Sex and Violence

IF MY CURRENT WORK IN progress could get onto network television — a dubious proposition at best — it would probably be rated TV NC17, if there were such a rating. And the advisory would include S (Sex) V (Violence) L (Language) and A (Adult Situations or whatever they call “mature” subject matter. And I will offer that warning on the print edition(s) of the thing as a fair cop. Parents need to have the opportunity to shield their children from untoward exposure to matter for which they aren’t ready. And people need to be advised of content that might not be to their taste.

But I see that as the extent of my responsibility in the matter: truth in labeling.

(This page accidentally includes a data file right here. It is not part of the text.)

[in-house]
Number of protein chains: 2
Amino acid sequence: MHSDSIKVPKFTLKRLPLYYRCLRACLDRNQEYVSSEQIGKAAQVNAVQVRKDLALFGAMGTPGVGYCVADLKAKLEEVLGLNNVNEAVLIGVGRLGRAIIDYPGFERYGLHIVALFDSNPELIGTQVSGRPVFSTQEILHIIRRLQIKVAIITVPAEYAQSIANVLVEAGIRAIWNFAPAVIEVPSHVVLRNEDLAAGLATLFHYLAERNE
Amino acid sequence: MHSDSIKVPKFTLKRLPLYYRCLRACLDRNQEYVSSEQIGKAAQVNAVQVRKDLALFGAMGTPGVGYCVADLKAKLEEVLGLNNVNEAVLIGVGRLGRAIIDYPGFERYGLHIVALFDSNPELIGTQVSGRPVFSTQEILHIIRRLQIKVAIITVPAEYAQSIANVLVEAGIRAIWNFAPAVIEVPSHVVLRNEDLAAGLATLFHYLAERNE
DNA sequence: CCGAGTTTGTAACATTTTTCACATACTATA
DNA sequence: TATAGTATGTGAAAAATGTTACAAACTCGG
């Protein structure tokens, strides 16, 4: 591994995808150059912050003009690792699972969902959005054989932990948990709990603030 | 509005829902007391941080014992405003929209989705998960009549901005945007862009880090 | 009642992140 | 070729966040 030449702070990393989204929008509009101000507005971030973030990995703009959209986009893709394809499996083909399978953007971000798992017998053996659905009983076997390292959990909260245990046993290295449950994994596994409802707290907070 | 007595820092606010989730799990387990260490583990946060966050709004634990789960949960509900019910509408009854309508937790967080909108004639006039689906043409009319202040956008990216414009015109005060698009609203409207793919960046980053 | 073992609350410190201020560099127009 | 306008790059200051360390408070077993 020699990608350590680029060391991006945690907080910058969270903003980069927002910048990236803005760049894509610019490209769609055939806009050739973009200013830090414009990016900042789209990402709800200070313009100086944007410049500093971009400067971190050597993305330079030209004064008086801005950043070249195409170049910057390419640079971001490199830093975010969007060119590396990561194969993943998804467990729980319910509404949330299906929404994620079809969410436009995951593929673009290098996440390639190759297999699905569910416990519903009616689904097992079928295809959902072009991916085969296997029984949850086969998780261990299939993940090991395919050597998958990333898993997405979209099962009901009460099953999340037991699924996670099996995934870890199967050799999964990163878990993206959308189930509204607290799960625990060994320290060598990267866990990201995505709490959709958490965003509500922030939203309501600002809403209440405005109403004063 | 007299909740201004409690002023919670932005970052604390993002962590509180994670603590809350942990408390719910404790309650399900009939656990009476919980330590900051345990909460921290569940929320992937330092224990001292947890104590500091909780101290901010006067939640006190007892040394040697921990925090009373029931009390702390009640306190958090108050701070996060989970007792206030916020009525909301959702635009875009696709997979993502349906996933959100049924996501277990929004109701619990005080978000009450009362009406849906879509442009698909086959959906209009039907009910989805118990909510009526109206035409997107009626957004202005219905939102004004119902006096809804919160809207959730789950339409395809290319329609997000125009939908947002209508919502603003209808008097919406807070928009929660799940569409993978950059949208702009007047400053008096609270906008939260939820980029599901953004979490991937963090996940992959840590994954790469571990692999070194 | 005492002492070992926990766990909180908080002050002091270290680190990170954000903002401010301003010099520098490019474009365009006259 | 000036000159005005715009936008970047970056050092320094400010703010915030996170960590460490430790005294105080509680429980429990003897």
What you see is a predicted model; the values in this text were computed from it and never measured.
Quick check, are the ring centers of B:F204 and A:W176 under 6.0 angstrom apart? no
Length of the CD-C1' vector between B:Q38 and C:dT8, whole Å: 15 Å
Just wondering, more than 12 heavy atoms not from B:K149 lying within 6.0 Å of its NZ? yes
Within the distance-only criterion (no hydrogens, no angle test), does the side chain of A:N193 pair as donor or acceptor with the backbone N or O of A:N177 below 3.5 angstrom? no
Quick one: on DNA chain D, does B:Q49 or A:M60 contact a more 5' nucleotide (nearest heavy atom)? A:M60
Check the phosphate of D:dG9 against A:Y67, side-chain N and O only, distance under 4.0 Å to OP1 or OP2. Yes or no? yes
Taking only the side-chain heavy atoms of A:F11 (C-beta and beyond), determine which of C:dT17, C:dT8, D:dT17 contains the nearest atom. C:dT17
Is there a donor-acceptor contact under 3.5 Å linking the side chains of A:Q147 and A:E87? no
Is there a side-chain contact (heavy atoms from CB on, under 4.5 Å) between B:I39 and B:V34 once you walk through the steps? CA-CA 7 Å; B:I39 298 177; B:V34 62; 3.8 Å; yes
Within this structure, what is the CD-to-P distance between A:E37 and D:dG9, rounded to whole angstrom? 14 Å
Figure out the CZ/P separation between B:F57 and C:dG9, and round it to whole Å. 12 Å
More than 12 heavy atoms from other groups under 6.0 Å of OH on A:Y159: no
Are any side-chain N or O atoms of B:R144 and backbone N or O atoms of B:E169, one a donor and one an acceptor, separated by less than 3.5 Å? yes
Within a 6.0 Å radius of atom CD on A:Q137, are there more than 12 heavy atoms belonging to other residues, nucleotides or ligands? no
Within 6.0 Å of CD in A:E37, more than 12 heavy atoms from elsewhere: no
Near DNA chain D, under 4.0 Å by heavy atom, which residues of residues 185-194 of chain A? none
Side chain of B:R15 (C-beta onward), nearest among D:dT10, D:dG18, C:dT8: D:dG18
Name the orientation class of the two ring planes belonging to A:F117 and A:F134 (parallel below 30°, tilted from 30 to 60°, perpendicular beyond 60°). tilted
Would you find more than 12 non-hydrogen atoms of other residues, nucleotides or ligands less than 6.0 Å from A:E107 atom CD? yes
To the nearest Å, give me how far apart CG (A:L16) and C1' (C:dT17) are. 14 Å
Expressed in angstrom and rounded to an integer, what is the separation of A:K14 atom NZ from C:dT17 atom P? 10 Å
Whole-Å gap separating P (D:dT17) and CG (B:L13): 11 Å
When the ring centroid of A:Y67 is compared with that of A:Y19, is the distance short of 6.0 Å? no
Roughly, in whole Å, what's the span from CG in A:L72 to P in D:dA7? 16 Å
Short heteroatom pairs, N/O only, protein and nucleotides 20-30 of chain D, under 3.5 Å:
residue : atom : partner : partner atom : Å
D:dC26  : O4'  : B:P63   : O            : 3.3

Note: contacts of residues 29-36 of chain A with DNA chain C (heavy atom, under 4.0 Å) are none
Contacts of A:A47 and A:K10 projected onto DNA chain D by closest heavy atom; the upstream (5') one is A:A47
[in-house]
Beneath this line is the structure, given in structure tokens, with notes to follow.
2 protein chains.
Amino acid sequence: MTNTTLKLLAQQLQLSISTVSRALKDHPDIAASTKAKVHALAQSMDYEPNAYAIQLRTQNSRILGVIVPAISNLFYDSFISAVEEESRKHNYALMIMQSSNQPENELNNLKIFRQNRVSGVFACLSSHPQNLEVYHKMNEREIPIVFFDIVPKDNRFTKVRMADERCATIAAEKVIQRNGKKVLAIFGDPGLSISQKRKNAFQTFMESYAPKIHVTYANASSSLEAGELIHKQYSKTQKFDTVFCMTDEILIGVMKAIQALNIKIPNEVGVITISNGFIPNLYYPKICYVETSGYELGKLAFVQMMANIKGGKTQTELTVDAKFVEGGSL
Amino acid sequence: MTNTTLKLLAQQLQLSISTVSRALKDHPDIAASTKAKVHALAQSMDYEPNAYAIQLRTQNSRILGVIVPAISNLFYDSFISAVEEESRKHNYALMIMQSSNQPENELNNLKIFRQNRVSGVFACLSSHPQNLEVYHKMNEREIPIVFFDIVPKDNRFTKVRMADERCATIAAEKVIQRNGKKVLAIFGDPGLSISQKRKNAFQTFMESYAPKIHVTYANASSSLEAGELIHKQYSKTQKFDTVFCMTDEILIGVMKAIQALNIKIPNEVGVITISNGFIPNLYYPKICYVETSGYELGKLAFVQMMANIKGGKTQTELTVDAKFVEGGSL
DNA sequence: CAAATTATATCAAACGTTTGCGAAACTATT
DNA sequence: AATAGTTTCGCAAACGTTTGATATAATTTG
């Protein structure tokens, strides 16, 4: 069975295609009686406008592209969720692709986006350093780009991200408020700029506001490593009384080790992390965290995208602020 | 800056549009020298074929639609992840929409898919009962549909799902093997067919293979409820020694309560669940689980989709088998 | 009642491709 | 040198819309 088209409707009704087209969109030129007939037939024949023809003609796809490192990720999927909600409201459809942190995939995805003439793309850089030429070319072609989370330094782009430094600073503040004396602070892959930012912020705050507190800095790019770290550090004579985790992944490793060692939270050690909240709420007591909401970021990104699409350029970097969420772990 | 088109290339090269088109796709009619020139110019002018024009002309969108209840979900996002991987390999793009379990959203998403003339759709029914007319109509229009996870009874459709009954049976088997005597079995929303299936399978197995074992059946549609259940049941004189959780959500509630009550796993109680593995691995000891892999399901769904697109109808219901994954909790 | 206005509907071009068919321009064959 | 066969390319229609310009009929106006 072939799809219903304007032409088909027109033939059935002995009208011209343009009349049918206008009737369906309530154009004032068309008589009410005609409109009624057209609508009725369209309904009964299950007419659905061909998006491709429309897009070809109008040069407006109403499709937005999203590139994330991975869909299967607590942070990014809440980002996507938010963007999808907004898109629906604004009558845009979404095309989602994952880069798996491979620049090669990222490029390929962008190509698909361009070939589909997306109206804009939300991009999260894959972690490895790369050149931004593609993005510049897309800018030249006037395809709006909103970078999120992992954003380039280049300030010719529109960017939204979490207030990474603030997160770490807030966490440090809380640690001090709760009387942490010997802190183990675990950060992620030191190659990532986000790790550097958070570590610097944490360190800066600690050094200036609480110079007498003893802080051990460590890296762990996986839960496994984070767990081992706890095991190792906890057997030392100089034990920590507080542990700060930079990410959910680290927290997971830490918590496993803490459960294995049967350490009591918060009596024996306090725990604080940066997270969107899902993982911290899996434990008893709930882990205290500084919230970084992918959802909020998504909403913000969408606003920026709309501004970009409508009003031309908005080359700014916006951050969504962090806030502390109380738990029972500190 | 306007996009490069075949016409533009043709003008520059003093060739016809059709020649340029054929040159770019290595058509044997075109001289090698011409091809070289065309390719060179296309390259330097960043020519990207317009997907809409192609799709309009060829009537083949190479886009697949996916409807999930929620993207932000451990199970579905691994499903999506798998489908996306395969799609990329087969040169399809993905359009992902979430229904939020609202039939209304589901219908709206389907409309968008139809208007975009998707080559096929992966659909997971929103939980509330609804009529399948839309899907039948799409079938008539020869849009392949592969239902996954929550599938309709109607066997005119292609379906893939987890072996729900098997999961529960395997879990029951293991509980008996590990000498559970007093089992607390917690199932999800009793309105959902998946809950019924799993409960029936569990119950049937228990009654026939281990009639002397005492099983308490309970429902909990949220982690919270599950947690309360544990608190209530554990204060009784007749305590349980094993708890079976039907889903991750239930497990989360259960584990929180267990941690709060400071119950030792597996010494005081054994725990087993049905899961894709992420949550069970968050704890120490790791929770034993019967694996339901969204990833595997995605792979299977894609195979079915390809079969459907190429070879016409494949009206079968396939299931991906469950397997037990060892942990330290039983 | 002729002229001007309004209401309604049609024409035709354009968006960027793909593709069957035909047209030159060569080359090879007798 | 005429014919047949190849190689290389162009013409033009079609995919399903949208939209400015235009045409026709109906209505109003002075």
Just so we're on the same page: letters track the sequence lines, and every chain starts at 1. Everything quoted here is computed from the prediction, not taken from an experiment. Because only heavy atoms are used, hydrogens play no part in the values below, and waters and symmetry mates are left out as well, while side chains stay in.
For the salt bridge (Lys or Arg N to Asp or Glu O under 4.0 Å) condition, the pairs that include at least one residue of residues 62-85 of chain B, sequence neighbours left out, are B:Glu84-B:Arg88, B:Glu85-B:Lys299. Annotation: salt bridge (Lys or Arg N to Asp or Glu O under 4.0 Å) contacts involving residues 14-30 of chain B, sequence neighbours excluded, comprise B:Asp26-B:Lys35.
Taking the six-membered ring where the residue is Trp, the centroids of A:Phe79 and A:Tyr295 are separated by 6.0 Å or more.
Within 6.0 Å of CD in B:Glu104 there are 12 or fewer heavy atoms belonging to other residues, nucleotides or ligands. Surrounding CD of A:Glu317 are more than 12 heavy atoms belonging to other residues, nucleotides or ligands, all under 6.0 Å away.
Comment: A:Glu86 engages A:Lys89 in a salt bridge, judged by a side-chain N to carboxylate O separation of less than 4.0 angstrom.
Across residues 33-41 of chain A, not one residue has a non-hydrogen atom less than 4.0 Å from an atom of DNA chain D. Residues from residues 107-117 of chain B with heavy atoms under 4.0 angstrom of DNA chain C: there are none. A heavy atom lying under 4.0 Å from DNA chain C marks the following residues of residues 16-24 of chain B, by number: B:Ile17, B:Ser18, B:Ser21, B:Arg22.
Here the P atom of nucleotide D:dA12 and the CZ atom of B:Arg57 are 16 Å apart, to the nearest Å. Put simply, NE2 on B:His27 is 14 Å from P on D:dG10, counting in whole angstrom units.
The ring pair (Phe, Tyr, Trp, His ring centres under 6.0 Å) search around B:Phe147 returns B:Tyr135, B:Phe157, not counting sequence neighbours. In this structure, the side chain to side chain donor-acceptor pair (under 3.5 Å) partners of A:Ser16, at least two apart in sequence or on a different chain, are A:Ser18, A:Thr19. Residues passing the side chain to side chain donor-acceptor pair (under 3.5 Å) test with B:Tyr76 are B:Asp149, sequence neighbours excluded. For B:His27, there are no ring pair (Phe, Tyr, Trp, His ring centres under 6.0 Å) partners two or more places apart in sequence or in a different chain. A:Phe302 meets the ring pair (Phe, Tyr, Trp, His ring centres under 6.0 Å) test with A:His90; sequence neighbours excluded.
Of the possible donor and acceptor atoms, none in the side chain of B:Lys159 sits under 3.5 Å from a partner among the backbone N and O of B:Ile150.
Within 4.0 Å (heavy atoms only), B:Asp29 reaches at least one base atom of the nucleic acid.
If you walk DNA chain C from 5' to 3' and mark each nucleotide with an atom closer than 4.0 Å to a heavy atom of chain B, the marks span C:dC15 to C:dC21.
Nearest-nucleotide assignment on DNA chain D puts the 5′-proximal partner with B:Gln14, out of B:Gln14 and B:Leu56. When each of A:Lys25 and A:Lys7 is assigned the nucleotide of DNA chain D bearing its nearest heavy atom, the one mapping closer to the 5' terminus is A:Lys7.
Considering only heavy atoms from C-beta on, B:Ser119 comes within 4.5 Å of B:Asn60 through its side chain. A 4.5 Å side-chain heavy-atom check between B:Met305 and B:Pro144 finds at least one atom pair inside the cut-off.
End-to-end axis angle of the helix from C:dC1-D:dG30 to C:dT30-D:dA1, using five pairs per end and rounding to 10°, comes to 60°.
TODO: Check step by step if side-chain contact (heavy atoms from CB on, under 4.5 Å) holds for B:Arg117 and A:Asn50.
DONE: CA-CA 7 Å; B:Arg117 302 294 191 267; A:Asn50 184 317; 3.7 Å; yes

I do not understand these moral idiots who get their knickers in a knot over violence (and, to a lesser degree, sex) in entertainment and storytelling. People: grow up! Sex and violence have been a part of storytelling since time began. You are not going to change human nature, and you appear petulant and childish when you try. Get over it. If you don’t like it, don’t take it in. But DO NOT attempt to deny others the right to make their own decisions.

THAT, my friends, is un-American.

One Response to Sex and Violence

  1. Indeed. We Irish know it full well. Our folk literature and our traditional music revolve around four topics:
    — Sex;
    — Bloodshed;
    — Drinking;
    — The Supernatural.
    …or some arbitrary combination of the above. (Cf. Steeleye Span’s marvelous cover of “King Henry” on their Below The Salt album, which combines all four.)

    I mean, really, what else is there to live for? Computer games?